• Asthma, if present, gets worse.

  • Prolonged cough and post-infection phlegm.

  • Sinusitis (inflammation of the sinuses).

  • Other infections such as strep throat or pneumonia.

How to Diagnose Common Cold?

Most often, people with a common cold are diagnosed by their signs and symptoms. If a bacterial infection or any other condition is suspected, a chest X-ray or other tests may be recommended by the doctor to rule out any other cause of the signs and symptoms.

What Are the Treatment Options for Common Cold?

People often misunderstand the common cold with allergies and take anti-histamine drugs, which provide symptomatic relief but do not cure the infection. Treatment of common cold includes symptomatic therapy (removal of symptoms) like:

  • Acetaminophen (Paracetamol) for fever or pain relivers such as Ibuprofen. .

  • Antitussives for cough.

  • Decongestant nasal sprays.

  • Eye drops to relieve itchiness and watering.

Home remedies that are useful in relieving the symptoms of the common cold are:

  • Drink a lot of fluids like juice, water, and herbal tea.

  • Avoid alcohol and caffeine as they may lead to dehydration.

  • Gargle with salt water.

  • Sip warm liquids.

  • Use the cool most humidifier.

  • Use nasal rinses.

  • Use saline nasal sprays.

No specific medicines are available to treat common colds and they cannot be treated with antibiotics.


While some common cold and allergy symptoms are similar, these are two different health conditions. Proper diagnosis can help in getting the right treatment, and the person will be on the way to recovery quickly. Both common colds and allergies can cause bacteria and viruses to collect in sinuses and lower airways, resulting in serious infections. In case the symptoms last more than ten days or are getting worse, immediately see a doctor.

Frequently Asked Questions


Does the Term Allergy call the Common Cold?

The common cold is classified as contagious rhinitis ((inflammation of nasal mucous membrane or nose). Viruses induce common colds. Seasonal allergies are immune system reactions initiated by exposure to allergens.


Is Common Cold Considered a Disease?

The common cold is a contagious viral disease of the upper respiratory tract that mainly involves the mucosa of the nose, throat, larynx (voice box), and sinuses (cavities, or air-filled pockets, that are around the nose passage). Signs and manifestations may arise less than two days after disclosure of the virus. These may possess coughing, sore throat, watery nose, head pain, sneezing, and fever. Individuals usually heal in seven to ten days, but some signs may stay up to three weeks. Sometimes, those with other health issues may conceive pneumonia (a disease that inflames the air sacs of the lungs. The air sacs may fill with liquid or pus).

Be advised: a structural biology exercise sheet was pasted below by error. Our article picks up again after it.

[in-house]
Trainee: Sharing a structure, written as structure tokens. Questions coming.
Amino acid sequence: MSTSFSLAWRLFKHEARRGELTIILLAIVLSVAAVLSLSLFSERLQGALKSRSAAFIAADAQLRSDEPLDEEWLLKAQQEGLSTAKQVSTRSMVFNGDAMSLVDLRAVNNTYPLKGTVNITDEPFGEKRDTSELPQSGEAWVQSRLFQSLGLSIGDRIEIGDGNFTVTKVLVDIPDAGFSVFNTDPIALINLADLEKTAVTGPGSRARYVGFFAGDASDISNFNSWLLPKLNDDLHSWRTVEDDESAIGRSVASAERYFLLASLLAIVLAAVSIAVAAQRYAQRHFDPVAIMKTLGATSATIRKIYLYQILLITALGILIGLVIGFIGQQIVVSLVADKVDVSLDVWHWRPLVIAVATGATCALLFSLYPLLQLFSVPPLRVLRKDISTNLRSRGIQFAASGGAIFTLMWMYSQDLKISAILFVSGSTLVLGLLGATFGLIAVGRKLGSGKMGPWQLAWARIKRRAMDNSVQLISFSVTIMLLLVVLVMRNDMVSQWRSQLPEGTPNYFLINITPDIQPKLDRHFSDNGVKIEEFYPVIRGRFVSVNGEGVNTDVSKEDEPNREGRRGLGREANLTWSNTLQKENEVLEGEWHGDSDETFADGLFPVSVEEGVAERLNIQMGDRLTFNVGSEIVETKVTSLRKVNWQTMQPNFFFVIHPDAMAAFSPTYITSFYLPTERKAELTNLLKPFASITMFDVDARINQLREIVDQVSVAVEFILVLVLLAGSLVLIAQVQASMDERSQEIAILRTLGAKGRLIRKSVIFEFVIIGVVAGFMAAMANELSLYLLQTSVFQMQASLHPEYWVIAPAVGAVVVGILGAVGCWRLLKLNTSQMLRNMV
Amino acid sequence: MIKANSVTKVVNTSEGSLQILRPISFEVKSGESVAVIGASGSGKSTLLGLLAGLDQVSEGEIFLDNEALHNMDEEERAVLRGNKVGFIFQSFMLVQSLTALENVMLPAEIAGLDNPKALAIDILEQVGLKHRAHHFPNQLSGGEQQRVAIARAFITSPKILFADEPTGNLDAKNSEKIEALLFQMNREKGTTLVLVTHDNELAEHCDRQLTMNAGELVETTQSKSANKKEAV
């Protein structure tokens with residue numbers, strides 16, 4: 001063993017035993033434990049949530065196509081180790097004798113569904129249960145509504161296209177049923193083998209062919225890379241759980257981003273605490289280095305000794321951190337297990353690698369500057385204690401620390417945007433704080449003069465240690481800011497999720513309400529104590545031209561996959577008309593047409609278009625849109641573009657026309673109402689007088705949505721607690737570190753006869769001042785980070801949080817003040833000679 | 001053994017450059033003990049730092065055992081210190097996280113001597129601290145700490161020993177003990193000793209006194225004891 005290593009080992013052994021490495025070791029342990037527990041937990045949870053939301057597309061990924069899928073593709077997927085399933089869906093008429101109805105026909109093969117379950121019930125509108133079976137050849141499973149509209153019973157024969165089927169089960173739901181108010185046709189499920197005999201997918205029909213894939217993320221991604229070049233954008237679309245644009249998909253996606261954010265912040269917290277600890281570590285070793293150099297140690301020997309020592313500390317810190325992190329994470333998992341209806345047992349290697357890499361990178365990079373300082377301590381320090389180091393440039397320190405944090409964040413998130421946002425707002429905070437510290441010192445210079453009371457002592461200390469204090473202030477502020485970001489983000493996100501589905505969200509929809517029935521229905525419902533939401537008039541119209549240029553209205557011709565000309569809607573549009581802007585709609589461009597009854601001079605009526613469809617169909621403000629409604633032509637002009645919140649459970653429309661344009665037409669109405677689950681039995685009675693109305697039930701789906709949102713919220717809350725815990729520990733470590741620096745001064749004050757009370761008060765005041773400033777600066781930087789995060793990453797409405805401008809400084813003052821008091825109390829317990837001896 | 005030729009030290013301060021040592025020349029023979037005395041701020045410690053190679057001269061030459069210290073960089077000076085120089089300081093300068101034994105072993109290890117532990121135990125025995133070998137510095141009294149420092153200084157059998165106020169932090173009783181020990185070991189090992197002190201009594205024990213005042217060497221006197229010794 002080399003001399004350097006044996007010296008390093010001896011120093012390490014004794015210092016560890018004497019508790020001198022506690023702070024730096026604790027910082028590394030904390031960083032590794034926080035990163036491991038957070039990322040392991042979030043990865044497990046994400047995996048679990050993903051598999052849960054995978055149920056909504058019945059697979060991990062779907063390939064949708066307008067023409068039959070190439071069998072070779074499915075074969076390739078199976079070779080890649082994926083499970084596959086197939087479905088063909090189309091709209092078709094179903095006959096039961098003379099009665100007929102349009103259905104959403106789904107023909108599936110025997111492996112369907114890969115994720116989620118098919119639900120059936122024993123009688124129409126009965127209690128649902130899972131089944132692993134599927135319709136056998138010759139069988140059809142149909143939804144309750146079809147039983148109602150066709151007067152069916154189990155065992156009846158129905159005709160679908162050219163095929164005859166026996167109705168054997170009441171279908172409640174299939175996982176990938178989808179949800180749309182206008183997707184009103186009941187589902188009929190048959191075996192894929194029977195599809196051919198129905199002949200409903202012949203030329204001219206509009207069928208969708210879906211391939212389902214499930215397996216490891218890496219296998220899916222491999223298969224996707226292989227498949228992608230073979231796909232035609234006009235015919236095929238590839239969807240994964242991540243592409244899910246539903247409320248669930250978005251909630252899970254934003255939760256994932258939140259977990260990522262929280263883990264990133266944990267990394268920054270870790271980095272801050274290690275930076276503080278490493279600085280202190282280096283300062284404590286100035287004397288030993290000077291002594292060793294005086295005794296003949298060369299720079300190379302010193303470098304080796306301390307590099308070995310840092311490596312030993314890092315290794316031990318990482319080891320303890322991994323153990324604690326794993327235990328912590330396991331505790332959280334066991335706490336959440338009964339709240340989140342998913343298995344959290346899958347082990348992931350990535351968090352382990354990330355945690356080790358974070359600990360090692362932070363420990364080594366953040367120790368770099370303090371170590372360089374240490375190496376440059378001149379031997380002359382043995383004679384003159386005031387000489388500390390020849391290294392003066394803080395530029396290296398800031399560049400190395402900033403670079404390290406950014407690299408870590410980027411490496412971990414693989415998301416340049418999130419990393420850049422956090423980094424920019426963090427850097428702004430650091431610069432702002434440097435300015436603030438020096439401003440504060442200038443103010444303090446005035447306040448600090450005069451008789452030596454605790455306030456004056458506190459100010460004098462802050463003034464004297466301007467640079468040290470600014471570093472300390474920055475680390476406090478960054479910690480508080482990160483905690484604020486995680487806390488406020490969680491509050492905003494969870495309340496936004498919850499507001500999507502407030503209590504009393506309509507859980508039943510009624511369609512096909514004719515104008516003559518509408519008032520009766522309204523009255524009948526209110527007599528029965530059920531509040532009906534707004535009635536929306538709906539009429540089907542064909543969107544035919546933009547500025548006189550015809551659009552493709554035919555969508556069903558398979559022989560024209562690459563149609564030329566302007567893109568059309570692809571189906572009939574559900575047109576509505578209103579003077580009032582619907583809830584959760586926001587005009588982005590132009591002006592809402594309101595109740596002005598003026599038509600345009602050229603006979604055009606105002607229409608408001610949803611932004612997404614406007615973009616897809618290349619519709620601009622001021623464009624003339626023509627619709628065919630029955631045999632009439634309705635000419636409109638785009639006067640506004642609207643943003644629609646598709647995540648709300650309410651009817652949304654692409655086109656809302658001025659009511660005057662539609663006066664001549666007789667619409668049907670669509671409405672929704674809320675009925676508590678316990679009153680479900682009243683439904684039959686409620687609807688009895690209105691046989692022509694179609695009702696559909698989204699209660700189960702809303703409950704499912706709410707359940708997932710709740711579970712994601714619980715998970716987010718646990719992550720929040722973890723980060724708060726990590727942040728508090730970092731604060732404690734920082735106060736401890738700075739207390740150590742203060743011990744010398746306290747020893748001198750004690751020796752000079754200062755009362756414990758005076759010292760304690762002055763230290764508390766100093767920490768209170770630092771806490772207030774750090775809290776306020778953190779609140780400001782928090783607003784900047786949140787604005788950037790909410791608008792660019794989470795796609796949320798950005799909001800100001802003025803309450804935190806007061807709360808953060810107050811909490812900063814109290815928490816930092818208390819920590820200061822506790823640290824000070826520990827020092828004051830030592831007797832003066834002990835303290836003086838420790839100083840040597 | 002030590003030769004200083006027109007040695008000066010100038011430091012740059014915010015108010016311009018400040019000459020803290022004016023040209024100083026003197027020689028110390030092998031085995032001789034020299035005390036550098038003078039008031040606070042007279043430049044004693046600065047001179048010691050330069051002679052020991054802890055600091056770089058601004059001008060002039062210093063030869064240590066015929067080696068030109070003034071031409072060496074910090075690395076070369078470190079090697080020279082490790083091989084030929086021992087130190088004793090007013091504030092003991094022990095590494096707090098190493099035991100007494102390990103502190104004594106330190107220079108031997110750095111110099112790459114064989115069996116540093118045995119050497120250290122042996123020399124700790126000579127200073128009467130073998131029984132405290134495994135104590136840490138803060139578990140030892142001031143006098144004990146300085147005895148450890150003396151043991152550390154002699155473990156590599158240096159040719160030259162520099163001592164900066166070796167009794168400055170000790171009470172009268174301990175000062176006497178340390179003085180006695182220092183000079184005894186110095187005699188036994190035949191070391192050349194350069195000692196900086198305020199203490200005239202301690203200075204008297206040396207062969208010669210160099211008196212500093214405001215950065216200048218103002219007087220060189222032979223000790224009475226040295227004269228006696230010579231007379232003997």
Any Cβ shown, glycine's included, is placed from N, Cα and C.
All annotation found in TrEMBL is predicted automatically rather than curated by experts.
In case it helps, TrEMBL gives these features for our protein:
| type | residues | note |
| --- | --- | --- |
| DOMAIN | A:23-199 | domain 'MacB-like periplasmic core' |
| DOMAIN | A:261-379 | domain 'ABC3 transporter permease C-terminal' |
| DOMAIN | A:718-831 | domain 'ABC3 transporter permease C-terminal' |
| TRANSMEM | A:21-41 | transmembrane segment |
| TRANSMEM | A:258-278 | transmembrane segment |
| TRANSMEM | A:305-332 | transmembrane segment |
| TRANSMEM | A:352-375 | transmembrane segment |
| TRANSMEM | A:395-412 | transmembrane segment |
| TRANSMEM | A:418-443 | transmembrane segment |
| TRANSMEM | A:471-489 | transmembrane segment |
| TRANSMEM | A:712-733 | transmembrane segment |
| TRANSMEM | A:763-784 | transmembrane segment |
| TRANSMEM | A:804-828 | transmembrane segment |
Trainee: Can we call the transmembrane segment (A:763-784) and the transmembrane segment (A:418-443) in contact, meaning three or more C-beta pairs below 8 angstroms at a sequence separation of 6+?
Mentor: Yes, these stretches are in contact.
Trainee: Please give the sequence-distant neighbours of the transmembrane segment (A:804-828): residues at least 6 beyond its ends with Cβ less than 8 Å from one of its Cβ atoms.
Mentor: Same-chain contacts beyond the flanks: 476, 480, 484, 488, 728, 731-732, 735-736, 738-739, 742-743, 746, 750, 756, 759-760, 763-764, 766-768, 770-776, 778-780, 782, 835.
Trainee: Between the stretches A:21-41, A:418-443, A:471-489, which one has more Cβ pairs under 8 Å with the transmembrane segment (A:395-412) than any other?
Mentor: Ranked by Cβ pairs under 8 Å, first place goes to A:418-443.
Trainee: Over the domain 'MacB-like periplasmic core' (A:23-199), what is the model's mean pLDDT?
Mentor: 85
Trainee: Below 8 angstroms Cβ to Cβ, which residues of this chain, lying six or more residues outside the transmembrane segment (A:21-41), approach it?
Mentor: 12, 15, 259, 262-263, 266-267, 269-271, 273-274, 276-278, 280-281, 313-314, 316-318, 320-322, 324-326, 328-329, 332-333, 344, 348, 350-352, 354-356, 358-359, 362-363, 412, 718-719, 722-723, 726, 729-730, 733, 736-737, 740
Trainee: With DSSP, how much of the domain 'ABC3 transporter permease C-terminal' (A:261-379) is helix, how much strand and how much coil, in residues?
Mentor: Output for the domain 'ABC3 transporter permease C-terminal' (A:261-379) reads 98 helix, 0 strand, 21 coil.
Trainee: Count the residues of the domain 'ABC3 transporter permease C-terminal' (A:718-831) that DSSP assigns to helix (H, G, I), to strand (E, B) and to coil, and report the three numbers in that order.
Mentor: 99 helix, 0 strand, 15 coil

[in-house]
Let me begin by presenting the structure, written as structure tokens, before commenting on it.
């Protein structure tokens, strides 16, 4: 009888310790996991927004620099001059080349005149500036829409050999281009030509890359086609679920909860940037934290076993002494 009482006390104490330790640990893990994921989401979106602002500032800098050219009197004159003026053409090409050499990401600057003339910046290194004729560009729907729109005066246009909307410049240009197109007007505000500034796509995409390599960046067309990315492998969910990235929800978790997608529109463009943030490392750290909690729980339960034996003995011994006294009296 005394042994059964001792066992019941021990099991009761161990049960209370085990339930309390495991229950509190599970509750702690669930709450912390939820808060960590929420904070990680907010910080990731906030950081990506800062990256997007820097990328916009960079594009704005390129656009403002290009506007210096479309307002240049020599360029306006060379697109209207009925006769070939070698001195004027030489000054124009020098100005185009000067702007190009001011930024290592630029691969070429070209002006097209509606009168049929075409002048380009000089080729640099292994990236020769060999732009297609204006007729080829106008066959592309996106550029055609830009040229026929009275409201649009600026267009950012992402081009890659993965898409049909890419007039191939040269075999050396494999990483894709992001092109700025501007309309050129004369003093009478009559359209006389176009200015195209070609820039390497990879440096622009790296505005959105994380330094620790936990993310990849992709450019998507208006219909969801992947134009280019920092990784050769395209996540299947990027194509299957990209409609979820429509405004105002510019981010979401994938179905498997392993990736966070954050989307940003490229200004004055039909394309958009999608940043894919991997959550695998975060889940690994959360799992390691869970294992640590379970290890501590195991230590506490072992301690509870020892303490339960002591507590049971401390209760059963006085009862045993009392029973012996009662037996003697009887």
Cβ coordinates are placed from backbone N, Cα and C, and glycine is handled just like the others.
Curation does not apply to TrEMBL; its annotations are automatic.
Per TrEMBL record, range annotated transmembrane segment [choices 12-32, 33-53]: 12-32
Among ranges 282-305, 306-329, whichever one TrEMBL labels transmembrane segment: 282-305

Is the Common Cold a Cold Sinus or an Allergy?

Common cold persists for three to 14 days, whereas allergy persists for days to months or as long as the individual communicates with the allergy stimulus. Common cold usually occurs in the winter but is attainable at any time. In distinction, allergies can occur at any period of the year. Common cold signs take a few days to occur after illness with the virus. In distinction allergy, signs can start instantly after communication with allergy stimuli. Pains are infrequently present with the cold but never with allergies. Runny, scratchy eyes are infrequent with the cold but usually with allergies.


What to Consider From the Common Cold?

The common cold is a kind of rhinitis (inflammation of the nose) classified as contagious rhinitis. Fit individuals can predict two or three cold episodes each year. Babies and youngsters may be influenced by it.


Is the Common Cold the Most Familiar Disease?

The common cold is a considerably common human disease and impacts individuals worldwide. Grown-ups generally have two to three infections yearly, and youngsters may have six to ten cold episodes yearly.


Is Cold a Chronic Infection?

The common cold is an acute, self-determining viral illness of the upper respiratory tract affecting the nose, sinuses, pharynx, and larynx. The virus is disseminated by hand communication with discharge from an infected individual (direct or indirect) or aerosol of the discharge and virus. The incubation time differs but is merely under two days for rhinovirus. A manifestation that typically connects to the infected mucosa normally rises at 1 to 3 days and stays 7 to 10 days, although they occasionally persist for three weeks.


Do Allergies Count as Disease?

Allergic disease is one of the world's most familiar chronic health illnesses. Individuals with a family record of allergies have an advanced risk of conceiving allergic diseases. Hay fever (allergic rhinitis), eczema (dry, scratchy, inflamed skin), hives (skin rash), asthma (airways constrict and swell and make additional mucus), and food allergy are some varieties of allergic diseases.